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Qatar Increases Access to Alcohol Ahead of 2022 FIFA World Cup

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By Martin Graham | 5th Apr 2022

Qatar have decided on new relaxed rules governing the sale and consumption of alcohol ahead of the 2022 FIFA World Cup.

Qatar, a Muslim state, has strict rules on a lot of things including leisurely drinking. The nation allows alcohol to be sold only to expats at a premium on the permission of their employers.

Meanwhile, football is a sport that is enjoyed by partying fans who like to indulge in alcohol while they watch their favourite teams play. This means that Qatar will be expecting a lot of these fans who will be travelling to support their teams as they do battle for football’s most prestigious prize.

The local organising committee of the FIFA World Cup in Qatar have already made fan parks available where fans can gather and indulge in alcohol if they so desire, but these fan parks are few and will not service the teeming crowd expected in the country from November.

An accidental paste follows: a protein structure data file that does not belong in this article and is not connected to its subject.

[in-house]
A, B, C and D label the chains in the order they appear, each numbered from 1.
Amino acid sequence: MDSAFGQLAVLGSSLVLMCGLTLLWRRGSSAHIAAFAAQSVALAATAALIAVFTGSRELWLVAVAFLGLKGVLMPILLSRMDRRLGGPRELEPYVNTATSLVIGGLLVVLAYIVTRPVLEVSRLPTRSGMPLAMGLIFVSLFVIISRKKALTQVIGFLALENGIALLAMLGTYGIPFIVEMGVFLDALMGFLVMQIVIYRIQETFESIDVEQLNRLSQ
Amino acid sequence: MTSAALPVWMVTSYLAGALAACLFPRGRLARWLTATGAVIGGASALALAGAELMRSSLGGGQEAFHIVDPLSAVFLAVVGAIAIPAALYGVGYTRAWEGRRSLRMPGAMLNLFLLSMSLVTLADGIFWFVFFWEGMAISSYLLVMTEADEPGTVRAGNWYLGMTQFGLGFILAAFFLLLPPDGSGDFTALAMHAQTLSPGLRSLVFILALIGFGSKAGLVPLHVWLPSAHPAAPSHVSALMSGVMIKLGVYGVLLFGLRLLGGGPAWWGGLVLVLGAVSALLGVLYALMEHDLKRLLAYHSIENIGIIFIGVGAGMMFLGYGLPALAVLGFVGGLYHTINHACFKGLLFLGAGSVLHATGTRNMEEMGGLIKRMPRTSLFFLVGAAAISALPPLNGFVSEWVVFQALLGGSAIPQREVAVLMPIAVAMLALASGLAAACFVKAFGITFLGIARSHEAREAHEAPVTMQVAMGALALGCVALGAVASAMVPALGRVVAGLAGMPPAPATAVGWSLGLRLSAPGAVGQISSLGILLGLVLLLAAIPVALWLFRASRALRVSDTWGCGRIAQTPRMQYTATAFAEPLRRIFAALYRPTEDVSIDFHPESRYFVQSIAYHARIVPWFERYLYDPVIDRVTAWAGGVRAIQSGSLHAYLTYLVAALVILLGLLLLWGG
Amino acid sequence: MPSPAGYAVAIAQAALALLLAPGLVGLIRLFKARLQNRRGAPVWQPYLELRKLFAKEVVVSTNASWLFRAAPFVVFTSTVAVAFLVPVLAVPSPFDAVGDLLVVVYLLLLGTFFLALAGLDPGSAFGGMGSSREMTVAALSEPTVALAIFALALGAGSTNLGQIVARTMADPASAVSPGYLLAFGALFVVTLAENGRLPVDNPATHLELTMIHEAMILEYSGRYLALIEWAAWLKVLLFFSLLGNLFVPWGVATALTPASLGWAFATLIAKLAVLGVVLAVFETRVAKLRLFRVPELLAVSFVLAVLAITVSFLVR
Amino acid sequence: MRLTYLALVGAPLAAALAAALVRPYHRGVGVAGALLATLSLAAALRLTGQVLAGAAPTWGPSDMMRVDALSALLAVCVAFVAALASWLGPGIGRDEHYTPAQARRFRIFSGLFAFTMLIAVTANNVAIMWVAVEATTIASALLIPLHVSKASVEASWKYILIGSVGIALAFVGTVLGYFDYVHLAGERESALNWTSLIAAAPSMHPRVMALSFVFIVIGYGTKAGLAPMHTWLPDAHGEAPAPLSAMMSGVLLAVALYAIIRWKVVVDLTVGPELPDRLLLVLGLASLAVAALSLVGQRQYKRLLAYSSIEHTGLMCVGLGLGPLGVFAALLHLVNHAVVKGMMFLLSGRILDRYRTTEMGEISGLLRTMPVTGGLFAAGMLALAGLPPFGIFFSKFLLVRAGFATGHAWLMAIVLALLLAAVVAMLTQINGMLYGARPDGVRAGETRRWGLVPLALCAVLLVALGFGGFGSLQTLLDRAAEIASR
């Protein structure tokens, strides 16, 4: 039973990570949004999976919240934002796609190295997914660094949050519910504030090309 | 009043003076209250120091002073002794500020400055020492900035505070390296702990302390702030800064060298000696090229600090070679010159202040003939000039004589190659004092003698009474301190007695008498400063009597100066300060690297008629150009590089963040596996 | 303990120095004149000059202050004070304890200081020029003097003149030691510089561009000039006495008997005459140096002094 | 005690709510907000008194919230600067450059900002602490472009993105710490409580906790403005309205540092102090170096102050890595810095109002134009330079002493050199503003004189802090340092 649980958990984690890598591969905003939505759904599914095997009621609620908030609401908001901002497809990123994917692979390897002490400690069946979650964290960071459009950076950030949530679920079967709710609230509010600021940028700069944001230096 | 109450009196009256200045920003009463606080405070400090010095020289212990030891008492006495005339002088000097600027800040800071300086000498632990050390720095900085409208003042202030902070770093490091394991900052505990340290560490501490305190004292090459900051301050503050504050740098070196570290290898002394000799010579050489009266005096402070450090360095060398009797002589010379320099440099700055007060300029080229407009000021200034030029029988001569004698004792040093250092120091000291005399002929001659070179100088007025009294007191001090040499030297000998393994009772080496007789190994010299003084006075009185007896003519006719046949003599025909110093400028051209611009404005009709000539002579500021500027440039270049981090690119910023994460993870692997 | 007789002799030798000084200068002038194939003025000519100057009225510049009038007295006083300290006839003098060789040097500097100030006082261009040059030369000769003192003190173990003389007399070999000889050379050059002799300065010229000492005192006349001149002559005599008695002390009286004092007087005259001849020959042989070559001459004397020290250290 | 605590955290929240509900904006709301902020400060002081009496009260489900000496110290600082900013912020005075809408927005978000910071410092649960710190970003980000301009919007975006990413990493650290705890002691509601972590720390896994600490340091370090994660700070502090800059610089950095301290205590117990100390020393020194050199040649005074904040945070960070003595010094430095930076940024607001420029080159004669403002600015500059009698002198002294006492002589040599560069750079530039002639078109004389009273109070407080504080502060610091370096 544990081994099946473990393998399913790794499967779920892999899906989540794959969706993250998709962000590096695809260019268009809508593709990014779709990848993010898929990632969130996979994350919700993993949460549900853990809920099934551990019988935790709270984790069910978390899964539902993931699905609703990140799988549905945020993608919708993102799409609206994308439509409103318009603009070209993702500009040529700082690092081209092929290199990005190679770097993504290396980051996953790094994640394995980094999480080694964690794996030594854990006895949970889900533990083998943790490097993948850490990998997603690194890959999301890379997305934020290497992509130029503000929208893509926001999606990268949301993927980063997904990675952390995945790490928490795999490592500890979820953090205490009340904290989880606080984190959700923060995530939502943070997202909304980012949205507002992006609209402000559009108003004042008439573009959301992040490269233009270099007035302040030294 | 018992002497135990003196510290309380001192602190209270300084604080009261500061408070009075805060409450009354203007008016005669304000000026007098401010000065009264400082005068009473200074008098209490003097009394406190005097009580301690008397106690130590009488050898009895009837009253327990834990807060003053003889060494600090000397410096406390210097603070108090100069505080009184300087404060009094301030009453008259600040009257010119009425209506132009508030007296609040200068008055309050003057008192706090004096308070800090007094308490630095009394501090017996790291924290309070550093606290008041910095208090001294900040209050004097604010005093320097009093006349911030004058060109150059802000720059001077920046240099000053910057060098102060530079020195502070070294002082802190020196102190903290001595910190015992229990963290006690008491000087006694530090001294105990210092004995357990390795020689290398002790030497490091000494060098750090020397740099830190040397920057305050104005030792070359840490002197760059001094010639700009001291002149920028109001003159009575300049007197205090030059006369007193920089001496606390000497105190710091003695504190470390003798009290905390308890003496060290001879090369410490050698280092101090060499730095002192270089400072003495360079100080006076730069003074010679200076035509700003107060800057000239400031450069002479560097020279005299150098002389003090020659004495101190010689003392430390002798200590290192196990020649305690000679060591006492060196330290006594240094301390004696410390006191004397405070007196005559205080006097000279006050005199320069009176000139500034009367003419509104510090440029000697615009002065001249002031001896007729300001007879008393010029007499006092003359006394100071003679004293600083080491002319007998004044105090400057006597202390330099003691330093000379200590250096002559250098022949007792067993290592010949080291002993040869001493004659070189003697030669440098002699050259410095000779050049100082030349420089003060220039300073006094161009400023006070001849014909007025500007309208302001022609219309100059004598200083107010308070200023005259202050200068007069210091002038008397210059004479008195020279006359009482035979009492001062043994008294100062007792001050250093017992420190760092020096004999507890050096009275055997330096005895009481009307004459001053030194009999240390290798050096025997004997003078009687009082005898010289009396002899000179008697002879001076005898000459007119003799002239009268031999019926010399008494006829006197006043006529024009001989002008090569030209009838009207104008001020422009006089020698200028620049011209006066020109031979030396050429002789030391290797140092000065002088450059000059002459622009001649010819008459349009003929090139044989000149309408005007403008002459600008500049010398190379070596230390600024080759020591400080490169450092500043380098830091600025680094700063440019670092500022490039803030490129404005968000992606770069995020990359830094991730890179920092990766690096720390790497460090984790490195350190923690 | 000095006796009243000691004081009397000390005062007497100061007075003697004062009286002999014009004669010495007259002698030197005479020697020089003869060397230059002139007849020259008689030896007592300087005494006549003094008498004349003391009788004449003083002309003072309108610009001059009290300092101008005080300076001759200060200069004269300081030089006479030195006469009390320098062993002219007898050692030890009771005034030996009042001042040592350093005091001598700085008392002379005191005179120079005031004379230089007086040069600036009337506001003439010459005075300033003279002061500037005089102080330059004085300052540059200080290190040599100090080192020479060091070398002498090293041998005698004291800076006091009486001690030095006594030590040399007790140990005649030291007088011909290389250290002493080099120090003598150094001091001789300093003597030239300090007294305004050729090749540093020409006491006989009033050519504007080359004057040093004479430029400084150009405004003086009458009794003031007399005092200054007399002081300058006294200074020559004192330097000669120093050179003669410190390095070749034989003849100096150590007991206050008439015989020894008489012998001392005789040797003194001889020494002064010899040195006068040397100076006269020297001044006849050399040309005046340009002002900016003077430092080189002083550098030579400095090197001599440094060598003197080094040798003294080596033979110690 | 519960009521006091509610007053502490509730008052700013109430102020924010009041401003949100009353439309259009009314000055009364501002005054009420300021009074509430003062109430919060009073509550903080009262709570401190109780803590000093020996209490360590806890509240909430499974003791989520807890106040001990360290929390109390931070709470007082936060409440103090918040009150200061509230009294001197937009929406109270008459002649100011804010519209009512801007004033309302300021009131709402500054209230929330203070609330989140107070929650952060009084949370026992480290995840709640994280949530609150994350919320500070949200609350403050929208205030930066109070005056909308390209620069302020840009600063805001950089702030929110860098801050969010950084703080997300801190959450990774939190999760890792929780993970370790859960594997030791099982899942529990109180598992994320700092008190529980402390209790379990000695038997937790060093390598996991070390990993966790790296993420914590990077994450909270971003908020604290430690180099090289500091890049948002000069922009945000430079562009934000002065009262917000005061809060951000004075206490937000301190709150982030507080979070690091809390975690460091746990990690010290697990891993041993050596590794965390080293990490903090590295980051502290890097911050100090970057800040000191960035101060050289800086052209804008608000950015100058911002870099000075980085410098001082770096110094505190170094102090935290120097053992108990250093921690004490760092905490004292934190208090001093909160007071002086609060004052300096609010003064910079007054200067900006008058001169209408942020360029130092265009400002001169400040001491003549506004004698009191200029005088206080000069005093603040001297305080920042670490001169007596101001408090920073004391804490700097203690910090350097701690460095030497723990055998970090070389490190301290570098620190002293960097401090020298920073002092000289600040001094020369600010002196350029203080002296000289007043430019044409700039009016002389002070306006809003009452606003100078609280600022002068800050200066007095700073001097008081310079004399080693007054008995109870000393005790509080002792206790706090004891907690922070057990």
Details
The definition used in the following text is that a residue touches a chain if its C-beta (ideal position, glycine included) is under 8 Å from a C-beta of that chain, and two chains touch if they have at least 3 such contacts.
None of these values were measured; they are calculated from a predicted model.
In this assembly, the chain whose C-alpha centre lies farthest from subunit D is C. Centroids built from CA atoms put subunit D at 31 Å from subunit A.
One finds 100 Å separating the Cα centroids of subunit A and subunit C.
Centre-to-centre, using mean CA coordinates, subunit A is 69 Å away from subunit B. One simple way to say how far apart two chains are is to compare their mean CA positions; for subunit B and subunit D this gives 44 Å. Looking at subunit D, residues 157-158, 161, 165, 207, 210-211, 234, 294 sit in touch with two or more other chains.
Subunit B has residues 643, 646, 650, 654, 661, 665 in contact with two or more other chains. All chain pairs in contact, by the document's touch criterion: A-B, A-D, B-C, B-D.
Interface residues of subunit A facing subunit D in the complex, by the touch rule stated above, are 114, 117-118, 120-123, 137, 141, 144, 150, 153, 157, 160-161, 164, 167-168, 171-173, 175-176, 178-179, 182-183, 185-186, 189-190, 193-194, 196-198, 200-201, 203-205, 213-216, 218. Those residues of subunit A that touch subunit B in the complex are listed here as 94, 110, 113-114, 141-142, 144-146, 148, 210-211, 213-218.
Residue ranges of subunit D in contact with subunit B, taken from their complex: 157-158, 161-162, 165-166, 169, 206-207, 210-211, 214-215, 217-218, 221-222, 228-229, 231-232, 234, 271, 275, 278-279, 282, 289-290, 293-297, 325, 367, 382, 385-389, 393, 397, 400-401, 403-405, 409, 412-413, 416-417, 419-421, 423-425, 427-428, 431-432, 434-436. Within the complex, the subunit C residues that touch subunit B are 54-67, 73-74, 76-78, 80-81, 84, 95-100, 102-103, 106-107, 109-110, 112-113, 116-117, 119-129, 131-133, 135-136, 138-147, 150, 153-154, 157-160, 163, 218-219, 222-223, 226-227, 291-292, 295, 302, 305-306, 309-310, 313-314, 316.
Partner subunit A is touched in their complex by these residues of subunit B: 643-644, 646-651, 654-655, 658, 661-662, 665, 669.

They have now gone one further by getting the government of Qatar to relax the rules governing the sale and consumption of alcohol in the country, which will now allow for more venues outside the select hotels which cater to expats and the fan parks to sell alcohol.

Fans will now be able to buy beer from a select number of beach clubs and kiosks within the stadium grounds, but not in the stands themselves, per latest reports.

Berthold Trenkel, chief operating officer for Qatar Tourism, told British outlet The Mirror that fans will “be able to buy beer once they are inside the perimeter of the stadiums” but there will be “zero alcohol” within the stadiums.

Budweiser is the official beer sponsor for the tournament. A pint of the brand will sell for £6 throughout the duration of the event. However, Qatar have imposed a “sin” tax to serve as a deterrent against heavy drinking as it will affect the price of alcohol sold during the tournament.

Fans have also been encouraged to respect the country’s locals and their traditions in relation to drinking, especially the local laws which condemn consumption of alcohol in public.

Martin Graham is an MFF sports writer

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